I’ve discovered that it’s much less clear whether restaurants are open here. The door might be unlocked and the restaurant might be closed. There’s not very many signs listing store/restaurant hours. It seems like you just have to be in-the-know, I guess. But we eventually found a crêpe restaurant that was actually really good! All of the food was really fresh and delicious and we enjoyed two savory crêpes for lunch. We still had some time after that so we meandered through a pharmacy and a little grocery store. We also went into this cell phone store and bought a French sim card, which took me all day to figure out.
Then we headed back to meet the car seller, who still wasn’t there. So I awkwardly had to ask, again, to use the phone at the car registration place. The employee informed me, in very annoyed French, that I was the last person to use the phone so I could just hit redial.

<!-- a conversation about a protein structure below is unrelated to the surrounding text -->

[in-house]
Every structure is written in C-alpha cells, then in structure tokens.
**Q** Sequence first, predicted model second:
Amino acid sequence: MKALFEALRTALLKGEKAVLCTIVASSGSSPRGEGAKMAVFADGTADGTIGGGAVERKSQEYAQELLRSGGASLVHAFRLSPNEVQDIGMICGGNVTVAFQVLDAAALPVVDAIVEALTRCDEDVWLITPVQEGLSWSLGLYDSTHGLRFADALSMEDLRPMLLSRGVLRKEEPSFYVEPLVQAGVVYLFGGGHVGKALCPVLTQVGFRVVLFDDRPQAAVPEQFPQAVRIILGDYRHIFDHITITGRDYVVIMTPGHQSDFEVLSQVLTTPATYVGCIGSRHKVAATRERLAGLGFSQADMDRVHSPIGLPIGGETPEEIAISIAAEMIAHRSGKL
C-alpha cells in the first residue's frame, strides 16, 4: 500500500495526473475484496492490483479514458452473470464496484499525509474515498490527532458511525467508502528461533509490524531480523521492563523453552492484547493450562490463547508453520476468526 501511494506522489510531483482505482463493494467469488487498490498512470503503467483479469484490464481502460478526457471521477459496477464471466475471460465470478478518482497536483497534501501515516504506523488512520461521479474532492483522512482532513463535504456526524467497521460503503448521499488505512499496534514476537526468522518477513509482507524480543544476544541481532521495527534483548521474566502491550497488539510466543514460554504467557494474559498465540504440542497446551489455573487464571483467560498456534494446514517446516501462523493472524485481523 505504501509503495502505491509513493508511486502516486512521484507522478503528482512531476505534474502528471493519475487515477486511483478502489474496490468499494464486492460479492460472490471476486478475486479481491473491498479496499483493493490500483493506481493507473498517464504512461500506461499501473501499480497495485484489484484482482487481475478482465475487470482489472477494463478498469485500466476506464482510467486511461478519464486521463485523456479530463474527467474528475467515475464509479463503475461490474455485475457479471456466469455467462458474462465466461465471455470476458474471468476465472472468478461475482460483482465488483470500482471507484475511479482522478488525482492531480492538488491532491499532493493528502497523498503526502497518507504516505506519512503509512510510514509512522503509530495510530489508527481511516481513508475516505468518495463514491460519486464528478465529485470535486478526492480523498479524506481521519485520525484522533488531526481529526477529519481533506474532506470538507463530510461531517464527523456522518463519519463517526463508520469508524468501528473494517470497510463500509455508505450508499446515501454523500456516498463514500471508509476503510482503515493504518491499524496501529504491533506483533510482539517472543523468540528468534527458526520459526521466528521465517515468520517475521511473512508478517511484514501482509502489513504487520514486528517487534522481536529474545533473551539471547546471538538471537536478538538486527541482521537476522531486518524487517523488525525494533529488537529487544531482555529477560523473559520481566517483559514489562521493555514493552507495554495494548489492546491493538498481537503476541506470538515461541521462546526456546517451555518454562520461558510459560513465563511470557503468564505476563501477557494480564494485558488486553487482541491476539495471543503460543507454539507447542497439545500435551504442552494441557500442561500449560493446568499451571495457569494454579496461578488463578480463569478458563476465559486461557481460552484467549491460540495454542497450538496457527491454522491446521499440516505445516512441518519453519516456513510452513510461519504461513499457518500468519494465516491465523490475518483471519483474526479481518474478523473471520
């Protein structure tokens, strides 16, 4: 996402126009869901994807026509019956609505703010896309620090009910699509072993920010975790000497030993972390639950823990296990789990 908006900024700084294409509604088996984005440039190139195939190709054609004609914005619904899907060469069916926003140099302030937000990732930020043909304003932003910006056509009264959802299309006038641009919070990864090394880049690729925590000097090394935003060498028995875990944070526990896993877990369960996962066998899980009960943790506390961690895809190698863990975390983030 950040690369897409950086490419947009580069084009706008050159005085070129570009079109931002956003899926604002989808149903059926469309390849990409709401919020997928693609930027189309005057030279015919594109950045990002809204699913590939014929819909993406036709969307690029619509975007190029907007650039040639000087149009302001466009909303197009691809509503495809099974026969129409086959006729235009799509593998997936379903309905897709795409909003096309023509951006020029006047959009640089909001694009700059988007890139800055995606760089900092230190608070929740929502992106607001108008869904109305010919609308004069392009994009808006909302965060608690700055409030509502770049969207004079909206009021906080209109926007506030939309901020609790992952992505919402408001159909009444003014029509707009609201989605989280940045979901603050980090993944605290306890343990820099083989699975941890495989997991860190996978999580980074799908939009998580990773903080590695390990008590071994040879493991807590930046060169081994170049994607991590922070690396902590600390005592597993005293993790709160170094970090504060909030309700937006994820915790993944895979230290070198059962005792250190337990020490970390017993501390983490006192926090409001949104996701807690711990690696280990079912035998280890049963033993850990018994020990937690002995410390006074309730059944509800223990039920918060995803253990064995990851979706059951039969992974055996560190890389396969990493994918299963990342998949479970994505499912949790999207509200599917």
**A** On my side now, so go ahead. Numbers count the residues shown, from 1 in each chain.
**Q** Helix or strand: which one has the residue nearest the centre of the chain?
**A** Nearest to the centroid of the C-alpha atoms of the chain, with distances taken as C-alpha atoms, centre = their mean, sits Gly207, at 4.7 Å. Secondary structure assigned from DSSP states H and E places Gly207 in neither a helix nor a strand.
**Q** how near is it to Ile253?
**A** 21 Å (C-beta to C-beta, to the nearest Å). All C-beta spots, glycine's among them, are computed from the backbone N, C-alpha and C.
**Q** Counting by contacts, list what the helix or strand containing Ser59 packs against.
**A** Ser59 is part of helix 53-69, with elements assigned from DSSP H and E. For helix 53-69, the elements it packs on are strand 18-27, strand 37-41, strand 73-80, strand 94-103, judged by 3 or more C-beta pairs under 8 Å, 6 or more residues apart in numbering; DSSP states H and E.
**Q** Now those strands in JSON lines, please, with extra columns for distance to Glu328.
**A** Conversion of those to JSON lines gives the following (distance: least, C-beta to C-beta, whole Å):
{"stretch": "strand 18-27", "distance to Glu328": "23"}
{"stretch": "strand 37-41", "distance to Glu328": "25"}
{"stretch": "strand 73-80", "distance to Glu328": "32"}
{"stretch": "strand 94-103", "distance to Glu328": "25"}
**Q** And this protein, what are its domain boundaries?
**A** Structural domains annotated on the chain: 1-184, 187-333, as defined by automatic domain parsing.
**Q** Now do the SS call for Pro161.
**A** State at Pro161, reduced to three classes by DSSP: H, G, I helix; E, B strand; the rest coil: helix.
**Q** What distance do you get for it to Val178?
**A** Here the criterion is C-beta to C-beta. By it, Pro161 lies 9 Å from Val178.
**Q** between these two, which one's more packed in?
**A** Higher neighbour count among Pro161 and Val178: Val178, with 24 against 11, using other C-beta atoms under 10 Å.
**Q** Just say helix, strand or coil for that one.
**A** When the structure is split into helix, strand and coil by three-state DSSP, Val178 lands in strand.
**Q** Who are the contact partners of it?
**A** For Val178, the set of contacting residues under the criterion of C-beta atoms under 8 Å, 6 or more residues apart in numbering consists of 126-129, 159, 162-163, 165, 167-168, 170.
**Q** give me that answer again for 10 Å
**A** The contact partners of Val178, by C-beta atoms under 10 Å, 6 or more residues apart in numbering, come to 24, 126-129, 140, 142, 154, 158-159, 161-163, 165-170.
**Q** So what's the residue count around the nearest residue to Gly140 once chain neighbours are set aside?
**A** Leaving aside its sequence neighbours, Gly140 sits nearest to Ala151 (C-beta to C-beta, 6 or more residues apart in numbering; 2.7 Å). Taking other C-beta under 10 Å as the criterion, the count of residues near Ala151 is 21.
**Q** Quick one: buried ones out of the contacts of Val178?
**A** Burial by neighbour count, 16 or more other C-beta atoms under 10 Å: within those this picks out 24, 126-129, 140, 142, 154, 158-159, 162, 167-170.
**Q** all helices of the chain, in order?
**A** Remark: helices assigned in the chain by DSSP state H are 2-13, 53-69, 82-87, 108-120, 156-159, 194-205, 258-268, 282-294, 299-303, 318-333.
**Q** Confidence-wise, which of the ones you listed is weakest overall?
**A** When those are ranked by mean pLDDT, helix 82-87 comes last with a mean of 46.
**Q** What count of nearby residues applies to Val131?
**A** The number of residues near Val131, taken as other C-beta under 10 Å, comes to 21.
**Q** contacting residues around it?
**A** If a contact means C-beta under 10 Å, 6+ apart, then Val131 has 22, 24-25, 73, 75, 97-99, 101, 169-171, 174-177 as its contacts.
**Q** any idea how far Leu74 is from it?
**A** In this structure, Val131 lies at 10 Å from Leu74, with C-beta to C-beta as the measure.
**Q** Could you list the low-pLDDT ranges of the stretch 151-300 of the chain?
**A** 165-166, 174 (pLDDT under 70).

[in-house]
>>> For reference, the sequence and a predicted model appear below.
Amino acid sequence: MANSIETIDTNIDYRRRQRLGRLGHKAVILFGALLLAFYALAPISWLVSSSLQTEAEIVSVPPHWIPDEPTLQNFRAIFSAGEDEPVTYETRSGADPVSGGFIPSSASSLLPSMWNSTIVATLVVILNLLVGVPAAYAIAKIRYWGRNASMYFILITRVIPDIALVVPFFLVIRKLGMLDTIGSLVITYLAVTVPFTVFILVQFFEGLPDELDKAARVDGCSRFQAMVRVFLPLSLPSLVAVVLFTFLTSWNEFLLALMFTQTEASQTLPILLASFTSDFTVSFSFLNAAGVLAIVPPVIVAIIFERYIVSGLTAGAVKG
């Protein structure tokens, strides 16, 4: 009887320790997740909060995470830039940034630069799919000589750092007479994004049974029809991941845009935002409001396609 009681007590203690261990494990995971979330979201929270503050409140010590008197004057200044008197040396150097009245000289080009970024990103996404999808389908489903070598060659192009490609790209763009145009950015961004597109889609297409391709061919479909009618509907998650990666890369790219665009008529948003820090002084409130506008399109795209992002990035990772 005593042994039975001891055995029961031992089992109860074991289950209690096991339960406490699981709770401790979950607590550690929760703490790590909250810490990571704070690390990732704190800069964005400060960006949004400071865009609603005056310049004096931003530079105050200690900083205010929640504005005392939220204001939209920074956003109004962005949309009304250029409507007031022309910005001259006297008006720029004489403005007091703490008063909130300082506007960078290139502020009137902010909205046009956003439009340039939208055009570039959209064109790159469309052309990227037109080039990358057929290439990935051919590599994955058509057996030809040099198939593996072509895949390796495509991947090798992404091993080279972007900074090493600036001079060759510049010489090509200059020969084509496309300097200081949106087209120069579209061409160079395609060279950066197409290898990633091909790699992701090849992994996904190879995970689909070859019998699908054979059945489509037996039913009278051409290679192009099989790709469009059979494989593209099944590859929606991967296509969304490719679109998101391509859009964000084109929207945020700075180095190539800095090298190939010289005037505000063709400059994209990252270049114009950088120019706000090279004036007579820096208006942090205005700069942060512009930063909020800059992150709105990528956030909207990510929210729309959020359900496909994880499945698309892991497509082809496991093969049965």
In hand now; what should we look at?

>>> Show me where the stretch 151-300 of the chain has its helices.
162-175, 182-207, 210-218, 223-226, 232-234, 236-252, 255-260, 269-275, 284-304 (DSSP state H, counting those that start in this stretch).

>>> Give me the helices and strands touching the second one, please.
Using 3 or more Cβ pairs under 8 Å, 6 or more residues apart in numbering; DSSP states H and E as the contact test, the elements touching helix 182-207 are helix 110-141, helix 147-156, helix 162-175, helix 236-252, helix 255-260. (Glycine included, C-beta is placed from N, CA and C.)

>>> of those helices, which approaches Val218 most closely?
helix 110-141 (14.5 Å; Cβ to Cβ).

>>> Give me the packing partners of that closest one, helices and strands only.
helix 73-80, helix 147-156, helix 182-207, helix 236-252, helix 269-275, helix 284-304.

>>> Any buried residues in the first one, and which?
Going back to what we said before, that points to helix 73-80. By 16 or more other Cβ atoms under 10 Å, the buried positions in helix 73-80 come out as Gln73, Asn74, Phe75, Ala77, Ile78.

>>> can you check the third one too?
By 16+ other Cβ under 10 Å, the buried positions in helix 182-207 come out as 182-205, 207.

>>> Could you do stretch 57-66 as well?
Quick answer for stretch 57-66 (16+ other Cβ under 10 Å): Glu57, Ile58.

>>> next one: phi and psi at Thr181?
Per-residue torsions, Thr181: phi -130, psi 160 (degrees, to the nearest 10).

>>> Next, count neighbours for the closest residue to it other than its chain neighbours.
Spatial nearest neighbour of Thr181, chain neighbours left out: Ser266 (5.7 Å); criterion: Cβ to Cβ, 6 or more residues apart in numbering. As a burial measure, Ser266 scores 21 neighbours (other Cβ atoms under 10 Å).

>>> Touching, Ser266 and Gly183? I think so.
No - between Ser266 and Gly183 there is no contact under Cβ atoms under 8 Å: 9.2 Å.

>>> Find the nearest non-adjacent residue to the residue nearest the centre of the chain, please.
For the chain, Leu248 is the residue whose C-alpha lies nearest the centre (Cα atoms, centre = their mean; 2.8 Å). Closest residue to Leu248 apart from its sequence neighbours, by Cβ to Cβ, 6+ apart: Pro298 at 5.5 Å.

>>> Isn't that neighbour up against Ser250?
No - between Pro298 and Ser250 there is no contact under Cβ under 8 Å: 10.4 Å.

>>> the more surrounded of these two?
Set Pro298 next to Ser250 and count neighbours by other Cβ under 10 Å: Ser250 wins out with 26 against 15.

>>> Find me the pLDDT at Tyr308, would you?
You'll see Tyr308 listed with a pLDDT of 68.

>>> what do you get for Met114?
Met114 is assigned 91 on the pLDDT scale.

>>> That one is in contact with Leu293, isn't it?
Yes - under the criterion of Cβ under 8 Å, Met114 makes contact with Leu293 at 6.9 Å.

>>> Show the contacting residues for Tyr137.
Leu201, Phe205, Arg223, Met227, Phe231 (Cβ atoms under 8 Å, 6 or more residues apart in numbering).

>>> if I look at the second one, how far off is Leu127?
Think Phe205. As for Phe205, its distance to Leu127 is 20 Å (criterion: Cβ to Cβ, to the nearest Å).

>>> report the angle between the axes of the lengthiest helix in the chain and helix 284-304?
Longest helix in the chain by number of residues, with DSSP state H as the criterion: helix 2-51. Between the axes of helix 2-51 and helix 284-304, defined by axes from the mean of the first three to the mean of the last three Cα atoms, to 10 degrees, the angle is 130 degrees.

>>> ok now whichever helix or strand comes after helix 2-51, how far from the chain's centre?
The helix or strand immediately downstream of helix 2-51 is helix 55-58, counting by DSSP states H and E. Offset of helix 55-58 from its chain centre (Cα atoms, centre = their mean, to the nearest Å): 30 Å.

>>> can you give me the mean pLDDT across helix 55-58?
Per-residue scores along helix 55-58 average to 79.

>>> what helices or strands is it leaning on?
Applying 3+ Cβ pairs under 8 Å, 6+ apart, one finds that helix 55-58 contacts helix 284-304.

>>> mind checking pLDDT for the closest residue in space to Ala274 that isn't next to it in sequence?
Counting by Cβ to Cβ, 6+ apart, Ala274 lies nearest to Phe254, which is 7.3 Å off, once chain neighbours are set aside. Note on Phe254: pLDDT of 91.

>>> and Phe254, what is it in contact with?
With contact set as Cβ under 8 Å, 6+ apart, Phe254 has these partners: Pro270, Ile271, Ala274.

The car seller said he’d be there in 10 minutes, so we sat outside waiting for him and hoping this was a real thing. And somehow it was! He eventually showed up with his 3 kids in tow in the car and in 20 minutes we became the owners of a 1999 Renault Clio, a tiny little egg of a European car that rolls down the road pretty darn well. Dustin drove us back home with pretty much no navigation direction (protip: your iPhone will recognize your location on the map with no wifi or cell service and you can create your own directions home in a pinch.) It took me several hours and a customer service phone call to figure out how to load money on the French sim card, but I eventually managed to exchange 15€ for unlimited talk/text and 10 GB of data, which will make finding our way around way easier.